As we discussed here yesterday, ixabepilone, a semi-synthetic anticancer drug derived from a soil bacterium was up for review by the US Food and Drug Administration (FDA). Just over a half hour ago the manufacturer, Bristol-Myers Squibb, announced that the drug has indeed been approved for the treatment of advanced breast cancer. The drug will be sold under the trade name, Ixempra.
“Previously, patients with aggressive metastatic or locally advanced breast cancer no longer responding to currently available chemotherapies had limited treatment options,” said Linda Vahdat, M.D., Associate Professor of Clinical Medicine and Associate Attending Physician, New York-Presbyterian Hospital/Weill Cornell Medical Center. “The approval of IXEMPRA means that we now have an important new option for patients with metastatic breast cancer who have rapidly progressed through currently approved chemotherapies.”
Ixabepilone is a chemically-modified form of a natural product called epothilone B. The epothilones have been studied widely, both in their natural form and with modifications intended to improve their duration of action in the body. Ixabepilone is an unusual drug at a time when companies are trumpeting “targeted therapies.” This approach, to find one drug that selectively targets one enzyme, has had limited success across cancers but can be very effective for patients with specific subsets of a given cancer. Ixabepilone is still a targeted therapy, primarily by preventing microtubule depolymerization in cancer cells, but it then triggers a series of events that lead to cell death. (In fact, I have yet to hear a convincing argument as to why some anticancer drugs are considered “targeted” while others are not.). Most importantly, ixabepilone continues to kill cancer cells that have grown resistant, or unresponsive, to other chemotherapeutic agents.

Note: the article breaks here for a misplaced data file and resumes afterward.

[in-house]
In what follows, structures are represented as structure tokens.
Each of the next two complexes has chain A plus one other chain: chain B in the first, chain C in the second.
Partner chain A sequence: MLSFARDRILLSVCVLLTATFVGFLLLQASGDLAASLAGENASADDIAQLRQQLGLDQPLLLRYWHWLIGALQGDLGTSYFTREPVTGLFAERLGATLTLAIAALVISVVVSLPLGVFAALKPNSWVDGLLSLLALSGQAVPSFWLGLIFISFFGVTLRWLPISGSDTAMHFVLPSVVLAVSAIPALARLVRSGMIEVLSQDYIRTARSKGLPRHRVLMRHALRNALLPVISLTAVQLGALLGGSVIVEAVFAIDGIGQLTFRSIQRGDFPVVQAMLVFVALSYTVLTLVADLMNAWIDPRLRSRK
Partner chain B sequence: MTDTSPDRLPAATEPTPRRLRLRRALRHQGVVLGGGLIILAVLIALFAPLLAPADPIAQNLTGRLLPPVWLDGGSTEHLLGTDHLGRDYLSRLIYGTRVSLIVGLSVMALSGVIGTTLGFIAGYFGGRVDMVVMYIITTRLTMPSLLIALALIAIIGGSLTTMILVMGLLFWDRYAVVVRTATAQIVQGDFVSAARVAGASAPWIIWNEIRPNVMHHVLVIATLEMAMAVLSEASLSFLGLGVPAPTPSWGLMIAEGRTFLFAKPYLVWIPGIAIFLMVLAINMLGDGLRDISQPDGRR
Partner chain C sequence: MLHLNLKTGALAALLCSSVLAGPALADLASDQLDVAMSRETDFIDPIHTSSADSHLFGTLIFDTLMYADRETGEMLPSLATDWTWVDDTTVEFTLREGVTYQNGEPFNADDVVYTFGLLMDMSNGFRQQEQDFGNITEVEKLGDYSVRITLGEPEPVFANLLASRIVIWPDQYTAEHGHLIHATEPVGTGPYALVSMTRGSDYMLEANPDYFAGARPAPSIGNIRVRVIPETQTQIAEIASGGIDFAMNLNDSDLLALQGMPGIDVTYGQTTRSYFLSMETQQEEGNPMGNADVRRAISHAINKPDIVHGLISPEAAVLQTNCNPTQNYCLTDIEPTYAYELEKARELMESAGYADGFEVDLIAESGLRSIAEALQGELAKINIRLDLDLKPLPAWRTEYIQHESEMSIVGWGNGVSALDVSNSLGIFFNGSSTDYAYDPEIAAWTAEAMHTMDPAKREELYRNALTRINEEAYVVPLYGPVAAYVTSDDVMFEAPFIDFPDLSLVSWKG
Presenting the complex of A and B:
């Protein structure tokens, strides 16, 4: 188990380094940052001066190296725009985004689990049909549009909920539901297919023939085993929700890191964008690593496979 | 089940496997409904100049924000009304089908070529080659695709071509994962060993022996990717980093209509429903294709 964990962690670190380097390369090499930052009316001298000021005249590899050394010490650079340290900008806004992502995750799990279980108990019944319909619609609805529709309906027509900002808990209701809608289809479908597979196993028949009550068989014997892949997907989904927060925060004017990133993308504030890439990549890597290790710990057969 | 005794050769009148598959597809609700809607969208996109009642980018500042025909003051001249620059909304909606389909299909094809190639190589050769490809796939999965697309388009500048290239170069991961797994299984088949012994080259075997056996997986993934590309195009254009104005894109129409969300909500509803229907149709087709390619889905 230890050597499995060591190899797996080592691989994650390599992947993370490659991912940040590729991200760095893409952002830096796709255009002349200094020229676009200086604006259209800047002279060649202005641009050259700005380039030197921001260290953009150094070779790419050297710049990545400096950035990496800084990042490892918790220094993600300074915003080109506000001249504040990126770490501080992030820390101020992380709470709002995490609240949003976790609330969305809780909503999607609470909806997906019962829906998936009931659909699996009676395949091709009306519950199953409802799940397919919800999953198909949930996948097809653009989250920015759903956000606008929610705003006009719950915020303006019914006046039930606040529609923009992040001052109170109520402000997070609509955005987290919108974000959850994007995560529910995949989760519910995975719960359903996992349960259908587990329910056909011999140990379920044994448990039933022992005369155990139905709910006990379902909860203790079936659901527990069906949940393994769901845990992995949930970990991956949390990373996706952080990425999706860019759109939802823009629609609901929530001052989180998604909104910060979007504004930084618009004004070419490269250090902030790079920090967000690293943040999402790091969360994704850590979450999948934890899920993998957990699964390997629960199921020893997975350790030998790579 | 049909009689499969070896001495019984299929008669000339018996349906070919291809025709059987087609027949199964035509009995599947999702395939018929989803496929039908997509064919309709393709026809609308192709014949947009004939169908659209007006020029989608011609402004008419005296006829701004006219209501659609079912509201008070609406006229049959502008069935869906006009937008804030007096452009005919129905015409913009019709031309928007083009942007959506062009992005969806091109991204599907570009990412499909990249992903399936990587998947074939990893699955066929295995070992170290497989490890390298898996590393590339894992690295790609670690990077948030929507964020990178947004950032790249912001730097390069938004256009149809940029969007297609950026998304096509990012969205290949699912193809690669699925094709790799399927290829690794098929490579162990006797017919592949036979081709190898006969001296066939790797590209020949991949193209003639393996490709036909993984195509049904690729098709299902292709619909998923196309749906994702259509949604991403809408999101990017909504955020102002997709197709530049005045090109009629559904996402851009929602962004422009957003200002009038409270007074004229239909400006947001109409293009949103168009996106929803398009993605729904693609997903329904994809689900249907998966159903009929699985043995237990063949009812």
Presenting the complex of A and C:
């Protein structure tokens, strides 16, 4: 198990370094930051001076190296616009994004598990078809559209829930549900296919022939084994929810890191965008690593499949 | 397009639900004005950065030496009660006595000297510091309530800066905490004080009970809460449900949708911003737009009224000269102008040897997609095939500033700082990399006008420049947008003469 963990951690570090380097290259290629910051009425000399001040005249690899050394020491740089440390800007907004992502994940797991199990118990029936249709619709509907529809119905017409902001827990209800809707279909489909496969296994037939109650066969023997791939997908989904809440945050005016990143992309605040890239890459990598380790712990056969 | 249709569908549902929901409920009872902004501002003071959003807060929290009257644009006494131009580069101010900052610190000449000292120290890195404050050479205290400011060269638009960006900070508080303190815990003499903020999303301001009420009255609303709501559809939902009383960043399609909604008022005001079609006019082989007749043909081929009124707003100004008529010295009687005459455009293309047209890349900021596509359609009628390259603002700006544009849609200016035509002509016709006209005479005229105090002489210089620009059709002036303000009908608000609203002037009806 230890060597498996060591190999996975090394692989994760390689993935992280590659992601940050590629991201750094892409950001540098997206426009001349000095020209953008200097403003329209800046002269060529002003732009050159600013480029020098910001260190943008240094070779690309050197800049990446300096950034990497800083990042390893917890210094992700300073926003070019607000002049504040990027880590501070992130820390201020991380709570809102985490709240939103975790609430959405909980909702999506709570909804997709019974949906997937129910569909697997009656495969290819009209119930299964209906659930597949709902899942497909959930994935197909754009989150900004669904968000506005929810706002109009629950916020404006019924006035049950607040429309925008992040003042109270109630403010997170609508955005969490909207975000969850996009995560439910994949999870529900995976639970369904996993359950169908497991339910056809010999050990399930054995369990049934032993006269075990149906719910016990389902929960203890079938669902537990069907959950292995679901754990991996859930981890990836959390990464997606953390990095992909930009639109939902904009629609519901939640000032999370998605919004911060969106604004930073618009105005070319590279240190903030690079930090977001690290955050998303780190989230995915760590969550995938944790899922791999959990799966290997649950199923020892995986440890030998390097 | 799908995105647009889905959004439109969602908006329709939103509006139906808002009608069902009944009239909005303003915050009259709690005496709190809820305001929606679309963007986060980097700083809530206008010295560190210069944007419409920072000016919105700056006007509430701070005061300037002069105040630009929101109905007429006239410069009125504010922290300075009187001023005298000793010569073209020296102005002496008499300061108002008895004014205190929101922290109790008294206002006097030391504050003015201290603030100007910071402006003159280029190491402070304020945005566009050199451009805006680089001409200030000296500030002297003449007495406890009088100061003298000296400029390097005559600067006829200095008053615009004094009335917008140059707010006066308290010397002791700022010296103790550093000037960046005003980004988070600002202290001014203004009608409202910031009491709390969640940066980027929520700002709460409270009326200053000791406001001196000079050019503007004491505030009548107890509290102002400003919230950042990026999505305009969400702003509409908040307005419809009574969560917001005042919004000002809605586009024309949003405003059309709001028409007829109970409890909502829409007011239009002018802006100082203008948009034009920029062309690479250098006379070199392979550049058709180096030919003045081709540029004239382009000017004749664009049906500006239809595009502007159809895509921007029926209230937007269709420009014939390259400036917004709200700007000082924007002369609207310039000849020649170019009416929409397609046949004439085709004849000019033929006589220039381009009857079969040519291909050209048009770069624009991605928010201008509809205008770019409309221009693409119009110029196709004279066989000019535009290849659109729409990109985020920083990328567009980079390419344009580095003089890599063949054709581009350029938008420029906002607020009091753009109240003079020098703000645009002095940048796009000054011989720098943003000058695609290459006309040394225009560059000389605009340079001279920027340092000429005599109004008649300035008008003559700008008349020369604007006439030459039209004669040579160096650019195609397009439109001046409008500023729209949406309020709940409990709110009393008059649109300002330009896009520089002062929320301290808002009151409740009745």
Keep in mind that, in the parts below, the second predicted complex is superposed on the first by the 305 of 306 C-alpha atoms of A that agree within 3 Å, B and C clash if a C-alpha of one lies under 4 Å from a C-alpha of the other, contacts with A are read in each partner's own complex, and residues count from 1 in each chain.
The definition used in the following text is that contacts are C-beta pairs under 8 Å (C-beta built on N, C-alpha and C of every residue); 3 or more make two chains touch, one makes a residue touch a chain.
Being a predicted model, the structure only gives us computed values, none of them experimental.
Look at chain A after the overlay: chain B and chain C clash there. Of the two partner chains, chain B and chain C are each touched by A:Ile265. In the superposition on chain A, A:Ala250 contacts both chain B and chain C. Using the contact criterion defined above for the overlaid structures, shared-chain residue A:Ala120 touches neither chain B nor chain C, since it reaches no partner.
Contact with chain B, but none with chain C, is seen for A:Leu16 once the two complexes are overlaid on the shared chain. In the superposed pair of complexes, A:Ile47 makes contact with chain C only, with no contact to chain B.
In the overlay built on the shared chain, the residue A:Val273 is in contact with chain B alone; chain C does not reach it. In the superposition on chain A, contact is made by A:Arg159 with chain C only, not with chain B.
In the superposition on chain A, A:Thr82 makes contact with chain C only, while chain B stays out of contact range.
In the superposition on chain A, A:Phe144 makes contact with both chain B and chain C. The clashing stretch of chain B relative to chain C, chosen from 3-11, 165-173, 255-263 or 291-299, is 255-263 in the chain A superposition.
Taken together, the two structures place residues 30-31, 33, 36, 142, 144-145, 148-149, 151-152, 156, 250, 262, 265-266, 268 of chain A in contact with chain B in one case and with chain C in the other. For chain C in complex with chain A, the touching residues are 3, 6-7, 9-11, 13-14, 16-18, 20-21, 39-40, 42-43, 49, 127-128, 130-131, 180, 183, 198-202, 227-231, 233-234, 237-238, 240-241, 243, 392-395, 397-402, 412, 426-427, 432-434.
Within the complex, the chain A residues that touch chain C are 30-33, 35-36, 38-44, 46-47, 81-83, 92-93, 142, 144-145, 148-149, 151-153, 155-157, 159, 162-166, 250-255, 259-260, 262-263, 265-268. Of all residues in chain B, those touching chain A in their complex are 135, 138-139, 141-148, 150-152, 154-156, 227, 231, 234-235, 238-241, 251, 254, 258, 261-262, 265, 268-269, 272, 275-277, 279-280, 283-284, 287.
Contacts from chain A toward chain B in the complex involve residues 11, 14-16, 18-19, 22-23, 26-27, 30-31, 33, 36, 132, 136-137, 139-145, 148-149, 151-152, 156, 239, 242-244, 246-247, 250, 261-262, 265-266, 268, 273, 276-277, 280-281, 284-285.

Of course, the drug is not without liabilities and can cause bone marrow suppression, peripheral neuropathy, and, in rare cases, cardiac impairment. The good news is that most of these side effects can be managed. But only time will tell how widely effective this drug will be across more diverse and less controlled patient populations than those enrolled in clinical trials.
Over the last decade, I have had the pleasure of knowing a great many chemists and pharmacologists at various academic institutes and pharmaceutical companies involved in the development of various epothilones, natural and synthetic. Seeing ixabepilone to market is a triumph for all in the field of natural products research and, most importantly, a new lifeline for patients with advanced breast cancer.